And we're really even encouraging limiting travel in the region. So I mentioned these daily meetings we have with local health care professionals. And the CEO of our hospital system told us last night that some of the surrounding counties around Tompkins County have seen some increase in prevalence, and that we really shouldn't have students even leaving and going 45 minutes, 50 minutes away because we're seeing more positive cases in those communities that aren't testing as much.
The other part is about visitors. And just as a reminder, we're not allowing visitors, outside guests, and that includes parents and families. And I know that some of you are on the Zoom today. Please don't come to campus and enter our buildings. The students can be held accountable for that.
I have gotten a number of concerns from students and their parents, that they've seen parents in the residence halls. And while I know this is tough, I know it's hard not to be with your student and engage with them, we're asking you, please, to hold off and not come in.
Respect the community, respect the other students who are here, and stay out of any buildings, and for our students not have visitors on campus. There is additional information about this. I know it's getting posted in the chat function right now. It's also on our COVID website. Thank you so much for your cooperation with this.
The last thing I'll say before I hand it over to Marla is about the Behavioral Compact and the one update on this. So students, in addition to my message yesterday about in-person activities and some changes there, they also received messaging reminding them of the surveillance testing and the Daily Check. So we've been having students complete this and do this over the last number of weeks, and students have been incredibly compliant.
Starting today, though, if students miss a test and don't reschedule or don't get their subsequent test or they fail to do the Daily Check, we now have introduced a system where it will begin to ding them. And they'll be referred to the Cornell Compact Compliance Team, the C3T, for followup and compliance about missing those things.
We've been letting the kinks work out of the system, so we haven't done that now. But now those students will be automatically referred as a result of violating those aspects of the Behavioral Compact. So the students got that update yesterday. It's really important that they stay diligent on that.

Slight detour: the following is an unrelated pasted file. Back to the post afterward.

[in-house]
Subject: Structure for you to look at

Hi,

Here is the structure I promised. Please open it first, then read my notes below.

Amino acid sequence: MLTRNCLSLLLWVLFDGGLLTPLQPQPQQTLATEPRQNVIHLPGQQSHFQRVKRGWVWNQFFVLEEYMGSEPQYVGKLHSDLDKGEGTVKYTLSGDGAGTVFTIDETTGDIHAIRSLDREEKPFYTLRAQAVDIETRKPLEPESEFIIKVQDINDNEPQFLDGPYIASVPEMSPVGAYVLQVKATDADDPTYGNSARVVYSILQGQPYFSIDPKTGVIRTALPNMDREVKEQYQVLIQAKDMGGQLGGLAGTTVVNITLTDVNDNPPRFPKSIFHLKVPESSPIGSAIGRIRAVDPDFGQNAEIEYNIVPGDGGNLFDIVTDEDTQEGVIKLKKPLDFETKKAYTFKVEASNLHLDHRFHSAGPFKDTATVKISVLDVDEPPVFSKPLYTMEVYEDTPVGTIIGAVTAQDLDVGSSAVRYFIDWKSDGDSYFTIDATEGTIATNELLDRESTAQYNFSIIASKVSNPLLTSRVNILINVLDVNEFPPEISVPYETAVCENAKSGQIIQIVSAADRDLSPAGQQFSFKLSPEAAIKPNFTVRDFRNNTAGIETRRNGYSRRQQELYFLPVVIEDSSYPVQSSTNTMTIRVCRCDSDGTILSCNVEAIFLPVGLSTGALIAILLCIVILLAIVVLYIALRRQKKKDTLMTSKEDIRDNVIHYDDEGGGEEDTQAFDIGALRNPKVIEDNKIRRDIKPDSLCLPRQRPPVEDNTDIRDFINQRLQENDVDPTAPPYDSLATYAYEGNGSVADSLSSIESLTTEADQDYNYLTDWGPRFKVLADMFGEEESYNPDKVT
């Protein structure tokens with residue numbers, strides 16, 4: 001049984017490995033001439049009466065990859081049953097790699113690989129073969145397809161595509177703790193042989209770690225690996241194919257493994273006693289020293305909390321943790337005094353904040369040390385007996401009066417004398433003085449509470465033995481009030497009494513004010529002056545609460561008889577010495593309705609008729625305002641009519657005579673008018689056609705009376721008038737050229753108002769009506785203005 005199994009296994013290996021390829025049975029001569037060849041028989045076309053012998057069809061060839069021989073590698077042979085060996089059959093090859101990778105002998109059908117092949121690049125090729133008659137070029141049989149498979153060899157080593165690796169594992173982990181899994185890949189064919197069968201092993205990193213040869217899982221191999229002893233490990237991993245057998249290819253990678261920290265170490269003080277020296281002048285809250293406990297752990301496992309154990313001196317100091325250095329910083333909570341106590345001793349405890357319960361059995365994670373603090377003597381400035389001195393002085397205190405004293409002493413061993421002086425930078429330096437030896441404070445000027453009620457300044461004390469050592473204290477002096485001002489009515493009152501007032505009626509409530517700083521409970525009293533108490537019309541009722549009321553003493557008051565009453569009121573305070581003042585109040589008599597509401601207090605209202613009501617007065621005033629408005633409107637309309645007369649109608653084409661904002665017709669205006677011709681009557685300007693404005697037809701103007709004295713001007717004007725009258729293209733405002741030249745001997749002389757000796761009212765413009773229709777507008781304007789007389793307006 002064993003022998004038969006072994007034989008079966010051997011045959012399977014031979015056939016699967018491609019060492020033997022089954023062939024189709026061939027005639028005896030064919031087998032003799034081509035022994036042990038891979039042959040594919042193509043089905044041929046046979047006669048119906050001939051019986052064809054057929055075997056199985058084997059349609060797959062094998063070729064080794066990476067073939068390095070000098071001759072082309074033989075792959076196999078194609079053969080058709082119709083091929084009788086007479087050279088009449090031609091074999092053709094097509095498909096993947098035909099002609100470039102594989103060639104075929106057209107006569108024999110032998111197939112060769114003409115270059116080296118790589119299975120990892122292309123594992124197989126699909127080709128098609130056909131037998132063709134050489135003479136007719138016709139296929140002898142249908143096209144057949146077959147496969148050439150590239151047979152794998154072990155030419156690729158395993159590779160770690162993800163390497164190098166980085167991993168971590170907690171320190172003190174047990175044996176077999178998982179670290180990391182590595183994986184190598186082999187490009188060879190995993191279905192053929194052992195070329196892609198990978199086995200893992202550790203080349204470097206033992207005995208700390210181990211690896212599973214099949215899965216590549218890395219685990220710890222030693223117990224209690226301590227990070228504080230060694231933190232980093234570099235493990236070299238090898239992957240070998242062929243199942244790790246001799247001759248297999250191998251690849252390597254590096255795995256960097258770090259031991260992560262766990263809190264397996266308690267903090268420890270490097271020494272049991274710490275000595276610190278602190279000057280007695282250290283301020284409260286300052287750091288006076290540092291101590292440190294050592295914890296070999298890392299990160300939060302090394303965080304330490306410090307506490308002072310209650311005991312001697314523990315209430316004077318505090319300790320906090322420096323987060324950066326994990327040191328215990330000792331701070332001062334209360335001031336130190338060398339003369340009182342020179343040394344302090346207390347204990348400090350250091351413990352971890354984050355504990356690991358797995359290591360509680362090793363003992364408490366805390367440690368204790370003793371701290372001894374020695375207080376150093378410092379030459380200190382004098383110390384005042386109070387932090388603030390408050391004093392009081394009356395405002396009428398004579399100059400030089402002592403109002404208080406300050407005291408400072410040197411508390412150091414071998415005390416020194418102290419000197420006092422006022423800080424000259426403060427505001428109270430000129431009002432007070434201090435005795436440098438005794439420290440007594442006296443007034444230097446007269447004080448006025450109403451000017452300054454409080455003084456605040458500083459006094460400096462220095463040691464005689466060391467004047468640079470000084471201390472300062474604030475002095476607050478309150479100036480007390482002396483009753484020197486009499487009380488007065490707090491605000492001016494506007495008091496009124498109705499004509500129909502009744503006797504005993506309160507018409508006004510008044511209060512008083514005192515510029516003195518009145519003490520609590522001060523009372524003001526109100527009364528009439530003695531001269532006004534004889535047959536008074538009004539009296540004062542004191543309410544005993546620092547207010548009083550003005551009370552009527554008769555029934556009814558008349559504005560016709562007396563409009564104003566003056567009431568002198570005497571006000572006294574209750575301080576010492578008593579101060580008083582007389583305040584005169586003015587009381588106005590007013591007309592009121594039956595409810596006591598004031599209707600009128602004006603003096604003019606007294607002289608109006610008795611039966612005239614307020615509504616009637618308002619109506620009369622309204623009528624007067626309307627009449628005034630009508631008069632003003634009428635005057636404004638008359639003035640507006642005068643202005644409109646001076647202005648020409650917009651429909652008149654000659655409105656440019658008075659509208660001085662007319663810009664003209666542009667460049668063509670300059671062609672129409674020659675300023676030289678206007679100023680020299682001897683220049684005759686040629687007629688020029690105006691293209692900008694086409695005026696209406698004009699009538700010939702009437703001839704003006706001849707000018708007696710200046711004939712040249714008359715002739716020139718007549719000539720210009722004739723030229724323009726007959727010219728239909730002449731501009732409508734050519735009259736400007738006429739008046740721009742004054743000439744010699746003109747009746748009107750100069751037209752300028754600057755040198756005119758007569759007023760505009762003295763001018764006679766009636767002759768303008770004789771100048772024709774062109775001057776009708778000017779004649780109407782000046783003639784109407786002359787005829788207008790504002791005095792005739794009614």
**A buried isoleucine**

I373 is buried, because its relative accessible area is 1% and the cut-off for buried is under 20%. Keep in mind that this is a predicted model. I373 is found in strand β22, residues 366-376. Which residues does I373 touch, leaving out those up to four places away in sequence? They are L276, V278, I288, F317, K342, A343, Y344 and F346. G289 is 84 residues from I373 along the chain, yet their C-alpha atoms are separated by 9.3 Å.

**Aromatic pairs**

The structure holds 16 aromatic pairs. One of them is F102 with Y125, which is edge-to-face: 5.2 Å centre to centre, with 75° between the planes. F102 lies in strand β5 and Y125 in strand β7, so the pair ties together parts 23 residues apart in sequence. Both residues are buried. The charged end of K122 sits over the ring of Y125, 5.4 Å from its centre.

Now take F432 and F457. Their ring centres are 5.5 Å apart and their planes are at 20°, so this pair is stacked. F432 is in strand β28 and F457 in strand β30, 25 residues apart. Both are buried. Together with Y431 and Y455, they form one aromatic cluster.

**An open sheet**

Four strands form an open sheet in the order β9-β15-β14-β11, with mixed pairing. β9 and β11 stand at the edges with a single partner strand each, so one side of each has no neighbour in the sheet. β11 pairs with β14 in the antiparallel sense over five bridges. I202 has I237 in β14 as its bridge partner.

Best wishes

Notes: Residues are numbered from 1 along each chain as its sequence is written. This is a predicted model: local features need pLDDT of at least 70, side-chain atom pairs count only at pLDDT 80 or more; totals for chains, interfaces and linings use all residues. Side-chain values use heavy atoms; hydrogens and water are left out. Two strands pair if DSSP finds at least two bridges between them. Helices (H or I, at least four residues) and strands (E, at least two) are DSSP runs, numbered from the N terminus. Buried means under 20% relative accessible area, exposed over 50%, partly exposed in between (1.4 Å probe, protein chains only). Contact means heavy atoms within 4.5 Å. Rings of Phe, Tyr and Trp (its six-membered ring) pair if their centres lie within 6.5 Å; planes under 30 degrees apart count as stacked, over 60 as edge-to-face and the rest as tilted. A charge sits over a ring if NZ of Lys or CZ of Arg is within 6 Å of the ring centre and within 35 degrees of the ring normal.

Again, our compliance has been phenomenal so far on this. But we want to keep it that way. Even 50 students out of 15,000 students not doing their tests introduces risk into our community. And we want to keep this good thing going.
OK. So with that, those were the general questions that came in. I am going to now ask Marla to talk a little bit more about how things are going with the Behavioral Compact and, more specifically, the enforcement of that Behavioral Compact. So I'm going to give it to Marla now. It's all yours.
MARLA LOVE: Thanks, Ryan. So the enforcement of the compact is really one piece of a larger picture. And we've really been talking about this as a three-legged stool to keep our campus safe this fall.
So in addition to enforcement, we have education, which began at the beginning of the semester with the virtual course created by the Skorton Center. And then it continued through the work of our peer consultants, our peer ambassadors, and our Behavioral Compact monitors, or we call them BCMs. They're visible in our community, within the campus community, to offer masks, hand sanitizer, or friendly reminders to mask up or socially distance.
And then a major part that you probably have tons of information is our surveillance testing, the quarantine and isolation, the Daily Check, contact tracing, and then the work that we've done to limit the size of gatherings and to remove some of the risk factors. All of those pieces serve as the compact and the medical piece of this three-legged stool.